Illinois Governor William H. Bissell signed the law creating Illinois State Normal University (ISNU) on February 18, 1857. The name was chosen because the school was established to prepare teachers and "Normal" meant "teaching." Origins of the term go back to the French Revolution, with would-be teachers learning the standards, or "norms," of pedagogy. The name served the institution well for more than a century. In the aftermath of World War II, however, societal changes led to concerns from many that the name was too narrow for a school with a larger mission.
By the 1950s, more tax money was invested in higher education. Economic growth resulted in the need for a more educated workforce. The space and arms race with the USSR was raging. The G.I. bill sent more students to college, and there was awareness of a looming surge in the demand for higher education thanks to the baby boom.
ISNU was one of five teachers’ colleges in Illinois. Those in Carbondale, Macomb and Charleston had changed their names in 1947, with Dekalb following in 1955. Normal clung to the “Normal” reference, largely due to tradition and its reputation as the best university for teachers in the nation. As momentum gathered to drop the word from the name, battle lines were drawn. Younger male faculty wanted the change, while female educators who treasured the institution’s history had concerns about de-emphasizing teacher education. President Robert Bone stayed publicly neutral while privately encouraging leaders favoring the new name.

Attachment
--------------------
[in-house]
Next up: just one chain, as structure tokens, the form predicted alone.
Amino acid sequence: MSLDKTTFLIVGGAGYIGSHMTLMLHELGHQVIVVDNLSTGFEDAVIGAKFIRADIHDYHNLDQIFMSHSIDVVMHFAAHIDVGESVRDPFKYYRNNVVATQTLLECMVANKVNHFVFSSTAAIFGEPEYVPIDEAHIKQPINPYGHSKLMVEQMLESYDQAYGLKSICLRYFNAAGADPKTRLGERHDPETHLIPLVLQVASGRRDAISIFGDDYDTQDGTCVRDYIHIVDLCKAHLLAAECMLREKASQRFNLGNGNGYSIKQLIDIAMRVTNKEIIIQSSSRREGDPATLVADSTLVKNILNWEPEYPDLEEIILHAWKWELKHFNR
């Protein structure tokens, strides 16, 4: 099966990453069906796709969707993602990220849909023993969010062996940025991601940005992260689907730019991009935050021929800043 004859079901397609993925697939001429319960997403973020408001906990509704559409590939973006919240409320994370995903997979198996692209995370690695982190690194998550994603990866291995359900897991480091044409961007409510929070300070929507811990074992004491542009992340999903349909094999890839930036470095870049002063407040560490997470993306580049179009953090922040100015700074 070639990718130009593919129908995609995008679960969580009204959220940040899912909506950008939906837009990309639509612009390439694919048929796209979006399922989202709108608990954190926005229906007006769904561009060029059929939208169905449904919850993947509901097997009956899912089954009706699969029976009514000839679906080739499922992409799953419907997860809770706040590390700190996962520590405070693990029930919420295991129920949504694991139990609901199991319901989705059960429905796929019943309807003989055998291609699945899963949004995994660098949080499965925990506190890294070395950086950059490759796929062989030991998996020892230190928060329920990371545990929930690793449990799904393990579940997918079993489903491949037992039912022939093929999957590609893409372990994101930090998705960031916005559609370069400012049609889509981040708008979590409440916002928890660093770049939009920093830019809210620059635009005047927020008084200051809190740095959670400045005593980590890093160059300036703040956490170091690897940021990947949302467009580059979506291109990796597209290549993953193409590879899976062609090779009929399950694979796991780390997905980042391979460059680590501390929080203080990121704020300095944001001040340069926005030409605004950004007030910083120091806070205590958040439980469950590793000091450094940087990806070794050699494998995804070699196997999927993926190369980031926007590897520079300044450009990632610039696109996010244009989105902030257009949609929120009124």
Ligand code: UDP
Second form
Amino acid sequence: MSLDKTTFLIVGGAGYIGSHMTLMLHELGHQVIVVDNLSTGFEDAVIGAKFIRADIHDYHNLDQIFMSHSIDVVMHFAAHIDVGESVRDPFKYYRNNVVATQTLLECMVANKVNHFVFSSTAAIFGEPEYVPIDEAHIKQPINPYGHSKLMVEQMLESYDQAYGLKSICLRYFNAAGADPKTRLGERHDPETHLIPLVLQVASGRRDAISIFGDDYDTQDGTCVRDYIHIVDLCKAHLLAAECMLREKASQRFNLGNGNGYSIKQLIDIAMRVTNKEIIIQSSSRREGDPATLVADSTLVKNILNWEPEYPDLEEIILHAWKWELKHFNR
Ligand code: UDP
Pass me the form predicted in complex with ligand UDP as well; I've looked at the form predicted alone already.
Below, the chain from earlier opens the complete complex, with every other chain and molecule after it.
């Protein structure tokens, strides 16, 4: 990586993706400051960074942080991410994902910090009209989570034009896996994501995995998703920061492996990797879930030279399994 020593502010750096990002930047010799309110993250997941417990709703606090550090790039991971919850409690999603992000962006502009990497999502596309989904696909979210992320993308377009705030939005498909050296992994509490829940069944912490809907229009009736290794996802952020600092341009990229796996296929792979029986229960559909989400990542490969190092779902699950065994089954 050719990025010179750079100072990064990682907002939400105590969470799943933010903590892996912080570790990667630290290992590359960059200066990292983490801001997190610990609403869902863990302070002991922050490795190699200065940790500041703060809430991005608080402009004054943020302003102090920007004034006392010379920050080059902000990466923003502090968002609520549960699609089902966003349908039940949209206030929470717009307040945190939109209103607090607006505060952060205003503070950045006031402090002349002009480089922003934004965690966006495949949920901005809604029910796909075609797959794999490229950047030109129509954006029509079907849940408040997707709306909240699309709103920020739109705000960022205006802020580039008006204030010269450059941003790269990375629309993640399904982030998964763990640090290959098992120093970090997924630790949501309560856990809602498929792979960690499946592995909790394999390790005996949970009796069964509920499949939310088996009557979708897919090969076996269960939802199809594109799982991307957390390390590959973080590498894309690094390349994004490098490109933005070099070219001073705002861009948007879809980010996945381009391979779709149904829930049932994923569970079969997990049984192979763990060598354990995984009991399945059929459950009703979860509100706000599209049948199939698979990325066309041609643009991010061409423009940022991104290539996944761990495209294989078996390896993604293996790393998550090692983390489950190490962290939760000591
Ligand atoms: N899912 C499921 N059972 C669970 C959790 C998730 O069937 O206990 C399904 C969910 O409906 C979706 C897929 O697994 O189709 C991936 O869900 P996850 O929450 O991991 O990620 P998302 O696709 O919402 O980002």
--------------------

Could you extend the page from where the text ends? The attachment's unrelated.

A 1959 push failed, but a student-led "ISU in '62" effort was successful. The state approved the change to Illinois State University at Normal in summer 1963, effective January 1, 1964. The name became Illinois State University in 1967.
In 1966, the Illinois Board of Higher Education formally recognized the school as a multipurpose developing liberal arts university. Teacher education was re-emphasized five years later by the board, just as baby boomers were exiting K-12 schools. The lack of clarity led to a conflicted university vision that lasted through the 1980s, according to Professor of History Emeritus John Freed, author of the 2007 sesquicentennial history Educating Illinois.
It took time for ISU to become the University that name change proponents envisioned—one in which faculty research, teaching, and public service work together as complementary institutional strengths to become the premier undergraduate institution it is today.